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Data sharing and the importance of choice architecture in healthcare: new results

10th Oct 2018

GDPR has made us all more aware of how our personal data is shared and collected. But how much do we understand the data sharing choices presented to us? It’s a question especially relevant in the context of the UK National Health Service, which collects and analyses a range of personal information.

What is confidential patient information?

Confidential patient information is data collected about you when you visit NHS services. It includes details about your health, care or treatment – information you would expect to be kept private. The NHS collects this data for three main reasons: to help manage people’s individual care, to help research new treatments, and to help plan health and care services. But do people really grasp the difference between “research” and “planning”?

In layman’s terms, “research” might mean finding new cures for diseases, and “planning” probably covers use of resources. But through our recent work with the National Data Opt-out Programme (NDOP), we learned it can be hard for people to distinguish the difference in the complicated world of confidential patient data – which in turn can impact their data use decisions.

In 2016, the National Data Guardian recommended that people should be able to easily opt out of their confidential patient data being used for research and planning.  Earlier this year, NDOP implemented this recommendation by launching an online tool and a supporting call centre service that allows people to state their data sharing preference. This single decision is then applied across the entire health and care system, though people can change their preference at any time.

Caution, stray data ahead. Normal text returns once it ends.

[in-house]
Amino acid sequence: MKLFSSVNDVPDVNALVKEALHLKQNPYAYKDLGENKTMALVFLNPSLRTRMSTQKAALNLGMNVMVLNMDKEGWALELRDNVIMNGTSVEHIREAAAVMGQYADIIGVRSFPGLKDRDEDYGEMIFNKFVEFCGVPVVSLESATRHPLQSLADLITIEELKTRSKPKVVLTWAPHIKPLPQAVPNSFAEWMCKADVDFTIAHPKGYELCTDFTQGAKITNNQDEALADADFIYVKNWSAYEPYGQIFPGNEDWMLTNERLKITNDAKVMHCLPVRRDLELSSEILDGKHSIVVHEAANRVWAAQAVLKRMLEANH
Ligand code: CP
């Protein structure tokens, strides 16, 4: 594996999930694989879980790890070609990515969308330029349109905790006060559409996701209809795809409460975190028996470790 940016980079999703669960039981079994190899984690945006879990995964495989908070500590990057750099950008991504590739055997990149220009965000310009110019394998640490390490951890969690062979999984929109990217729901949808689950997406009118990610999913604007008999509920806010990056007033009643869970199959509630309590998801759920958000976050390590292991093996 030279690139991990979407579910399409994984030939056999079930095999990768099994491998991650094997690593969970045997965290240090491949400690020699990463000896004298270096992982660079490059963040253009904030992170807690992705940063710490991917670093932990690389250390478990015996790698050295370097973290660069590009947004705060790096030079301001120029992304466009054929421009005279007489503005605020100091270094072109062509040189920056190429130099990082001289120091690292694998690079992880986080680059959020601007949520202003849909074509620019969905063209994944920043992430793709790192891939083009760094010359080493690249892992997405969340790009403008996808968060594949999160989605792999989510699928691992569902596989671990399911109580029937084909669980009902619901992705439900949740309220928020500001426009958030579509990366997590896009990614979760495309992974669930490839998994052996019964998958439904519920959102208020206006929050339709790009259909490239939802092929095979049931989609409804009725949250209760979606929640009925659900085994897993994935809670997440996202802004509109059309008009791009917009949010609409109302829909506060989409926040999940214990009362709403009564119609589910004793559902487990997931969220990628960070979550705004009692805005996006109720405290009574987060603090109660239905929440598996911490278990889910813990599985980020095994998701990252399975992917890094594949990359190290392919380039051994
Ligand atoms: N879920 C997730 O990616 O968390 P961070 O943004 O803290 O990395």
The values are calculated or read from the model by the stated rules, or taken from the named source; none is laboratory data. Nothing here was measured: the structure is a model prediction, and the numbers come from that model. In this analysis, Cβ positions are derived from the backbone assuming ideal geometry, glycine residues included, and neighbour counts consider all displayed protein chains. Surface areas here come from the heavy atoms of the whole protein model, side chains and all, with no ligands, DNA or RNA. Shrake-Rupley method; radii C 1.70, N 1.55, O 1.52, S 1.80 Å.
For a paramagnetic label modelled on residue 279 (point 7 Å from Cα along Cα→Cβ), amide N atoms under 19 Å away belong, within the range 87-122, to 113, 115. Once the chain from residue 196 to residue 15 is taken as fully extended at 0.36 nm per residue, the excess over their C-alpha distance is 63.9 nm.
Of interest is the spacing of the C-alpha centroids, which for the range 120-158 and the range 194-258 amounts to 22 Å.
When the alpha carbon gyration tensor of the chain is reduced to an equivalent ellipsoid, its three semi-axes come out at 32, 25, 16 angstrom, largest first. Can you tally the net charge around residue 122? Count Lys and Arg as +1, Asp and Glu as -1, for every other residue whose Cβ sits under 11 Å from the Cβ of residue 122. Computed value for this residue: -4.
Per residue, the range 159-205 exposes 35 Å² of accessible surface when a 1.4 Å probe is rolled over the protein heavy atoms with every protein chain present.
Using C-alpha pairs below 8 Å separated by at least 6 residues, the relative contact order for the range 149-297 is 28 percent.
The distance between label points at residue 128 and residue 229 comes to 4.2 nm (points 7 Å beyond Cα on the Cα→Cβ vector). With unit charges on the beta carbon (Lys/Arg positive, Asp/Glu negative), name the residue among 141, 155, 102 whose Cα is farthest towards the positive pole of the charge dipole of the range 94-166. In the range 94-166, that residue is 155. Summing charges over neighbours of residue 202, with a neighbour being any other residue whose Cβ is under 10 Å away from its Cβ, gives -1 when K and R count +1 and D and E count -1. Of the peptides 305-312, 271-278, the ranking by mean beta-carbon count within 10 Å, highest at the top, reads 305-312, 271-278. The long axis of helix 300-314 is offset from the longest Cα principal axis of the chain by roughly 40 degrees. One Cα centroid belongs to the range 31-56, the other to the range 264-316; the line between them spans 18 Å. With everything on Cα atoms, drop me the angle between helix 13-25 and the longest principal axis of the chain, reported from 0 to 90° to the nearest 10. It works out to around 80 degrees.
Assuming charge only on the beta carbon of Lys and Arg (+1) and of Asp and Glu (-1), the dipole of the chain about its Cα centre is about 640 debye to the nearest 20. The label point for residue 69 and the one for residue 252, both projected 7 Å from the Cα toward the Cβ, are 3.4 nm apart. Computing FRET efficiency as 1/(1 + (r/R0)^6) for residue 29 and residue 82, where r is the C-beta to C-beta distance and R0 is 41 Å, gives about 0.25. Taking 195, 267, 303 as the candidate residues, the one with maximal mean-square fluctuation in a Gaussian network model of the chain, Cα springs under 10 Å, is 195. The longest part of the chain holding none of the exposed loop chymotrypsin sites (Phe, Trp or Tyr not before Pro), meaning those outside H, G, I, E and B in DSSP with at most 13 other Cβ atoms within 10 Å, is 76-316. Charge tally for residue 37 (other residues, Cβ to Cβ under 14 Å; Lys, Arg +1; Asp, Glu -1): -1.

How BIT and NDOP tested people’s understanding of “research” and “planning”

Before launching this website, NDOP wanted to know whether they should give people:

  1.  a simple choice of sharing their data (or not) for research and planning
  2. the choice to share their data for research only, planning only, both planning and research, or neither.

The second option might seem superior, since it gives people more freedom of choice. However, a key question was whether members of the public actually understood what the NDOP meant when it talked about using data for “research” and “planning”. Importantly, they needed to understand what these words meant in terms of how they are used by the NHS to classify different uses of confidential patient information, not what they mean in layman’s language. If they did understand the difference, then it would make sense to offer them the choice of selectively opting out of research only or planning only. If most people found  it hard to tell the difference, it might then make more sense to offer them a simpler choice of opting out of “research and planning” as a combined category.